The UNEP reports state that global emissions of mercury have remained relatively stable in the last 20 years, with 2010 emissions from human activities thought to be just under 2,000 tonnes. Despite improved availability of data on mercury, the emissions estimate is still subject to uncertainty, and covers a range of 1,010 to 4,070 tonnes.
Along with coal burning, the use of mercury to separate metal from ore in small-scale gold mining remains the chief source of emissions worldwide. Annual emissions from small-scale gold mining are estimated at 727 tonnes, or 35% of the global total.
Greater exposure to mercury poses a direct threat to the health of some 10 million to 15 million people who are directly involved in small-scale gold mining, mainly in Africa, Asia and South America. An estimated three million women and children work in the industry. Mercury-free methods and other low-cost solutions for reducing emissions during gold extraction are available, but socio-economic conditions, and low awareness of the risks of mercury, are barriers to adopting safer techniques.
“Artisanal and small-scale gold mining is recognised as a major challenge in efforts to reduce emissions from mercury,” said Fernando Lugris of Uruguay, chair of the Intergovernmental Negotiating Committee.
“While taking into account the impacts on national development, we must move to set national goals and reduction targets. Other efforts should work towards the formalisation of the sector, which is largely unregulated. As well as reducing health risks from mercury, this could give workers greater rights under labour laws.”
Coal burning is responsible for some 475 tonnes of mercury emissions annually, or around 24% of the global total. Despite increased coal combustion in certain regions, more stringent regulations on pollution in several countries have contributed to reducing overall mercury emissions from coal burning and off-setting part of the emissions arising from increased industrial activity.
Other sources of mercury highlighted in the UNEP publications include:
> Metal and cement production, through fuel extraction and combustion of fossil fuels.
> Consumer products such as electronic devices, switches, batteries, energy-efficient light bulbs and cosmetics such as skin-lightening creams and mascara. Mercury contained in such goods can also enter the waste stream.
> Dentistry – Around 340 tonnes of mercury are used annually to make fillings and other dental products, of which up to 100 tonnes are likely to enter the waste stream.
> Plastic production, particularly the manufacture of polyvinyl chloride (PVC). PVC is in high demand in many countries where there are extensive building projects.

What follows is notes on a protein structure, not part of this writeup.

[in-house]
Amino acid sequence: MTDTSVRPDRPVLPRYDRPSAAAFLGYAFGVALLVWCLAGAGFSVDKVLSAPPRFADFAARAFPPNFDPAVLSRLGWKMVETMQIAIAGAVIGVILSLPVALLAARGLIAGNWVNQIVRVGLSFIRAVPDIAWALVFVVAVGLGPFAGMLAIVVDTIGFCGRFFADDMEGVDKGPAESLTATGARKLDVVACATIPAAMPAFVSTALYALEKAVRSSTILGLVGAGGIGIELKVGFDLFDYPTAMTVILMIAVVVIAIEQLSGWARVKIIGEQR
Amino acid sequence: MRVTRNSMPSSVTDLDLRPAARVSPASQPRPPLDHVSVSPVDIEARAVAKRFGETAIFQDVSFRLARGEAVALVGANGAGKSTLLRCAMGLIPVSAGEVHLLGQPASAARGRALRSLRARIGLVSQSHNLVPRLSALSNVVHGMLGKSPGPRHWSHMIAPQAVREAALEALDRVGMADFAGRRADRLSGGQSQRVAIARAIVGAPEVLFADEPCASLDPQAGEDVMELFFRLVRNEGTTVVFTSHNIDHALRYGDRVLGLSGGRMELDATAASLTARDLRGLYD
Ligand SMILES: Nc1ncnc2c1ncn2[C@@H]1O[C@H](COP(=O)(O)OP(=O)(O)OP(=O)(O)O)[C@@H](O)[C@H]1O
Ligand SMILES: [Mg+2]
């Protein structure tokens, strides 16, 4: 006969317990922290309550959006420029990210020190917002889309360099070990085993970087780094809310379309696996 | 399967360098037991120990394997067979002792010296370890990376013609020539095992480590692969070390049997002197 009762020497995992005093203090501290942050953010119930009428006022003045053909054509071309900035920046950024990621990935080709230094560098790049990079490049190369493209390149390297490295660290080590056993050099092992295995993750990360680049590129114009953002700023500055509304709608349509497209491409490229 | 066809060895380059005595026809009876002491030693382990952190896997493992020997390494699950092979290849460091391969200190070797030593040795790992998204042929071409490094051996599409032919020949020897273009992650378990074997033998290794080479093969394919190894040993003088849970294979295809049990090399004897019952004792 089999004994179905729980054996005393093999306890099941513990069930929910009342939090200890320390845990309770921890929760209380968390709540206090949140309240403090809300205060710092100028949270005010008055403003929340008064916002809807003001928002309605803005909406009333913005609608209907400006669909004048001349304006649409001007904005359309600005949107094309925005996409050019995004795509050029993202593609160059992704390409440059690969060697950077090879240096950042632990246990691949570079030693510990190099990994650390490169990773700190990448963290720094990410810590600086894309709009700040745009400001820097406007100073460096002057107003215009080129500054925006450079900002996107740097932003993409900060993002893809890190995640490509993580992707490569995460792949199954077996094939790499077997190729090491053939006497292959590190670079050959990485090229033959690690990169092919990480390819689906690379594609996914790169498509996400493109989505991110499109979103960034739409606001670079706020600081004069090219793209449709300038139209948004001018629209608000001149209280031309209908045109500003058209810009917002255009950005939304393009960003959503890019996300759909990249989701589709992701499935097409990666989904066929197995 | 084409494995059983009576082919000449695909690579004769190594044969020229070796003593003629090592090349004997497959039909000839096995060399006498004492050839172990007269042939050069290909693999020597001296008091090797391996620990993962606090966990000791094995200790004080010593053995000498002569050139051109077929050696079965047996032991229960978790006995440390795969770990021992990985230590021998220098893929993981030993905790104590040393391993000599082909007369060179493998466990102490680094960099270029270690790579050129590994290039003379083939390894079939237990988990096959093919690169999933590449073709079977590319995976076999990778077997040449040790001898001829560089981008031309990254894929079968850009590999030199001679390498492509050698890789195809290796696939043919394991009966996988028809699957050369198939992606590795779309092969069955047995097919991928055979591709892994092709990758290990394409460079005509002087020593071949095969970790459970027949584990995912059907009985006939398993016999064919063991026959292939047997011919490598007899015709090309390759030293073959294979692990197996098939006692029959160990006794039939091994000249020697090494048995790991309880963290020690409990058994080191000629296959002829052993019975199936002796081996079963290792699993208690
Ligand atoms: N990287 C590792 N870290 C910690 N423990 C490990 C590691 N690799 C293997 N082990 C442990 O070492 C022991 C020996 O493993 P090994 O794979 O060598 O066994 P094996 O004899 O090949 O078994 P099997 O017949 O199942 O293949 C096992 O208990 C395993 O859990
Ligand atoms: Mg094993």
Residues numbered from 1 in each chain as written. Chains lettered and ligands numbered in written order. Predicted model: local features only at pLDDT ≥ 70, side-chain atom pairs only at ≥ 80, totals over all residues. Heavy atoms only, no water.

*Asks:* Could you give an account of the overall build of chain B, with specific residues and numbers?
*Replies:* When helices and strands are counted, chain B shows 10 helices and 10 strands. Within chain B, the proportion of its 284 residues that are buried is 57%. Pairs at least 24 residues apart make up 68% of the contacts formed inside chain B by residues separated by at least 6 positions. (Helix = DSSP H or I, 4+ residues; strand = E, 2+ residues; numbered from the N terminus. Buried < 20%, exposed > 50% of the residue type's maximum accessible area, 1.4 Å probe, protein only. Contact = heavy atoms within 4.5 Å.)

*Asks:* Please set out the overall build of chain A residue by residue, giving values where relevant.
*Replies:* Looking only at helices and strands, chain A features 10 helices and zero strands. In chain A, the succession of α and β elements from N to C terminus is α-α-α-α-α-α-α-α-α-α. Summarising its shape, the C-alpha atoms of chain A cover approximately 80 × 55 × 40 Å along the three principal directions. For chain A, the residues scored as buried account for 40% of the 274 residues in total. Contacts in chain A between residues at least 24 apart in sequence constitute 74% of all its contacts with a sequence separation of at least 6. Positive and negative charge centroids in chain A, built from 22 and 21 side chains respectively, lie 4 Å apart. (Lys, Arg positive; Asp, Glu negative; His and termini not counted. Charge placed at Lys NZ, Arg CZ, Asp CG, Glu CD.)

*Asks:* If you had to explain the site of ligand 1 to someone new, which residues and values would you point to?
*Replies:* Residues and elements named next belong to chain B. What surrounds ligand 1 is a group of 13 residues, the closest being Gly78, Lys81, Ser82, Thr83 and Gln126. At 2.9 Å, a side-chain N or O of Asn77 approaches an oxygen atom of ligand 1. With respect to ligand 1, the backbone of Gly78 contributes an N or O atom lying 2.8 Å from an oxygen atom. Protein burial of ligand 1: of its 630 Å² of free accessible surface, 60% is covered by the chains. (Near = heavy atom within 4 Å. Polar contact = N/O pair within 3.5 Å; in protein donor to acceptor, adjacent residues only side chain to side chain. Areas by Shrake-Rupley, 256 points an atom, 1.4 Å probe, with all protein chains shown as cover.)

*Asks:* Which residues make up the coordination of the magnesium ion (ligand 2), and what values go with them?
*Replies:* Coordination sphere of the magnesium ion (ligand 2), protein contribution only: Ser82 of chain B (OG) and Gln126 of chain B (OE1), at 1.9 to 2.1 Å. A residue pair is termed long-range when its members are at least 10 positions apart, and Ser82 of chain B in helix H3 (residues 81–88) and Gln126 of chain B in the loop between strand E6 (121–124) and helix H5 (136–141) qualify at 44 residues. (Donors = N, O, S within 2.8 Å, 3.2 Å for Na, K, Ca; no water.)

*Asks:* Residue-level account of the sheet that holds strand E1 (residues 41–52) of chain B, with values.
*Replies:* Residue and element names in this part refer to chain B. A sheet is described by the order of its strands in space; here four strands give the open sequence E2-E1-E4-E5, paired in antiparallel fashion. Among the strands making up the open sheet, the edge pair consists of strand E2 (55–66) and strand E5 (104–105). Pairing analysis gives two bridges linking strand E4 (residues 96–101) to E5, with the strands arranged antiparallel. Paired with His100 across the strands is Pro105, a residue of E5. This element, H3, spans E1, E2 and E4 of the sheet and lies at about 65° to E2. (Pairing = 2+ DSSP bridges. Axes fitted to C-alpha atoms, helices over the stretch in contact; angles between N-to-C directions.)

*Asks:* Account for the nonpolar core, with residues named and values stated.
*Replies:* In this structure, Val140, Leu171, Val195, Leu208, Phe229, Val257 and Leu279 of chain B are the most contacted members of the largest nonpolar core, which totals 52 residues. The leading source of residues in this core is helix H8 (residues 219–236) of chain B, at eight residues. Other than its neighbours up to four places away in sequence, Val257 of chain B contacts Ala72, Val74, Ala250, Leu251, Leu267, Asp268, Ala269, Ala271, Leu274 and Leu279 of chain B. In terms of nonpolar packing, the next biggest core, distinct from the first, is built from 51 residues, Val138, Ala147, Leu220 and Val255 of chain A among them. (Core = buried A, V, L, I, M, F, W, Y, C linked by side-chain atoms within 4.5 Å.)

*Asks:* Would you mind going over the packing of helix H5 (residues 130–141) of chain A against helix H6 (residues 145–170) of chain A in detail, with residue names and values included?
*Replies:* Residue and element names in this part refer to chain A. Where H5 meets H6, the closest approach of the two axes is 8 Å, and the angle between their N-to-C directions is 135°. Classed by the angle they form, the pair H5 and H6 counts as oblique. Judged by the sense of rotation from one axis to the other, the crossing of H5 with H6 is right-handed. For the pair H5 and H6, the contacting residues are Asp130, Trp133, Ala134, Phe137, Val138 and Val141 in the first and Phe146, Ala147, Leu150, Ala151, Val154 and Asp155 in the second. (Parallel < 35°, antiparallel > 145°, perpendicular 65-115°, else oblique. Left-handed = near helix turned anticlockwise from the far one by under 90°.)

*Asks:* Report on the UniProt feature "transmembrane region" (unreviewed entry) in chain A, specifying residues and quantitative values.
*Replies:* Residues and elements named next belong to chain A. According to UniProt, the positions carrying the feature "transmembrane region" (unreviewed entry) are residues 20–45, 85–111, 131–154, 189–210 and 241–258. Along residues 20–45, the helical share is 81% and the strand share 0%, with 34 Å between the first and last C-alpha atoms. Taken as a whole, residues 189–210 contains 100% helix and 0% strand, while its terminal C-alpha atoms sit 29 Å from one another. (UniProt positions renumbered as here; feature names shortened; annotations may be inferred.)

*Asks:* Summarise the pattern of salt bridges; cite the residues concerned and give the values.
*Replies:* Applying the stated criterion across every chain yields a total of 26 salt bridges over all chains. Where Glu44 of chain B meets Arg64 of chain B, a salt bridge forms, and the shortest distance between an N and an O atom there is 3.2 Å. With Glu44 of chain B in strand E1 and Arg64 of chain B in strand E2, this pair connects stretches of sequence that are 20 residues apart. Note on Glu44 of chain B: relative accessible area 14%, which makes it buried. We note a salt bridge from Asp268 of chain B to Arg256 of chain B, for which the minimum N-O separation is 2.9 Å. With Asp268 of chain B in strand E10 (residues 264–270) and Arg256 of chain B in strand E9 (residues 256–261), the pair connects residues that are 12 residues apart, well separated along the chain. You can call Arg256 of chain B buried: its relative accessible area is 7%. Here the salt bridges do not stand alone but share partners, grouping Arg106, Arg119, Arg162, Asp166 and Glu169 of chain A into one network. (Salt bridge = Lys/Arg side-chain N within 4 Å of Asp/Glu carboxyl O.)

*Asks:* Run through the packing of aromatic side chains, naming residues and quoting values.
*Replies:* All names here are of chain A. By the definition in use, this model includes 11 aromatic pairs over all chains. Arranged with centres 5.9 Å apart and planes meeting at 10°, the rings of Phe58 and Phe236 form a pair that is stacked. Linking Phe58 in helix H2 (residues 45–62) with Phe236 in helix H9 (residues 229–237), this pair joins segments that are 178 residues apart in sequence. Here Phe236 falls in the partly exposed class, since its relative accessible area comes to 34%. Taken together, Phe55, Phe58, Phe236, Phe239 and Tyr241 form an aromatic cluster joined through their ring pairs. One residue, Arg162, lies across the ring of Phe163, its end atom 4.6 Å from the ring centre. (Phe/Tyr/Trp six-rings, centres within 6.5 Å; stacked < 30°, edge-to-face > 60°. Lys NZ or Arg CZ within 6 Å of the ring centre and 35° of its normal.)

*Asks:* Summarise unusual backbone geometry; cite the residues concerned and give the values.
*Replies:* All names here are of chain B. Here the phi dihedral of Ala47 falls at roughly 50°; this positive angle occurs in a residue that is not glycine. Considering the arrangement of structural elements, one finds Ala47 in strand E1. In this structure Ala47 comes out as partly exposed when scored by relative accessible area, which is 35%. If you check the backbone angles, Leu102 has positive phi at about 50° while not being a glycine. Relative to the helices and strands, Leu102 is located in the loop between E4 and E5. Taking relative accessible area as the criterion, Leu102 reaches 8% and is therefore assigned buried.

> Chlor-alkali industry (production of chlorine and caustic soda from salt)
> Primary mining – Although the practice is now limited to a handful of countries with only one (Kyrgyzstan) still exporting.
Action on mercury
Efforts to tackle the environmental and health threat posed by mercury have grown over recent decades, according to the reports. Notable actions include:
> The UNEP Mercury Products Partnership has set the goal of reducing demand for mercury-containing thermometers and blood pressure devices by 70% by 2017.
> The United States has finalised its Mercury and Air Toxics Standard which predicts to reduce mercury emissions by 20 tonnes by 2016.
> The European Union banned mercury exports in 2011 and the US started an export ban on Jan 1.
> UNEP has supported National Action Plans by Argentina, Uruguay and other countries to find environmentally-sound solutions for the storage and disposal of excess mercury and waste products.
Yet despite such steps, coordinated action on a global level to reduce environmental and health risks posed by exposure to mercury has been comparatively slow.
The UNEP studies state that accelerated action, such as finalising a global, legally binding treaty, promoting the availability of low-mercury technologies, and other measures, can support a sharp decline in demand for mercury.
To achieve this, primary mining of mercury should be ceased as soon as possible, and demand met by investing in improved recycling measures. Governments should ensure regulatory frameworks and incentives to promote the transition to viable, safe and commercial alternatives, resulting in reduced releases of mercury and other pollutants. – UNEP
Mercury: Time To Act is available at: http://www.unep.org/PDF/PressReleases/Mercury_TimeToAct.pdf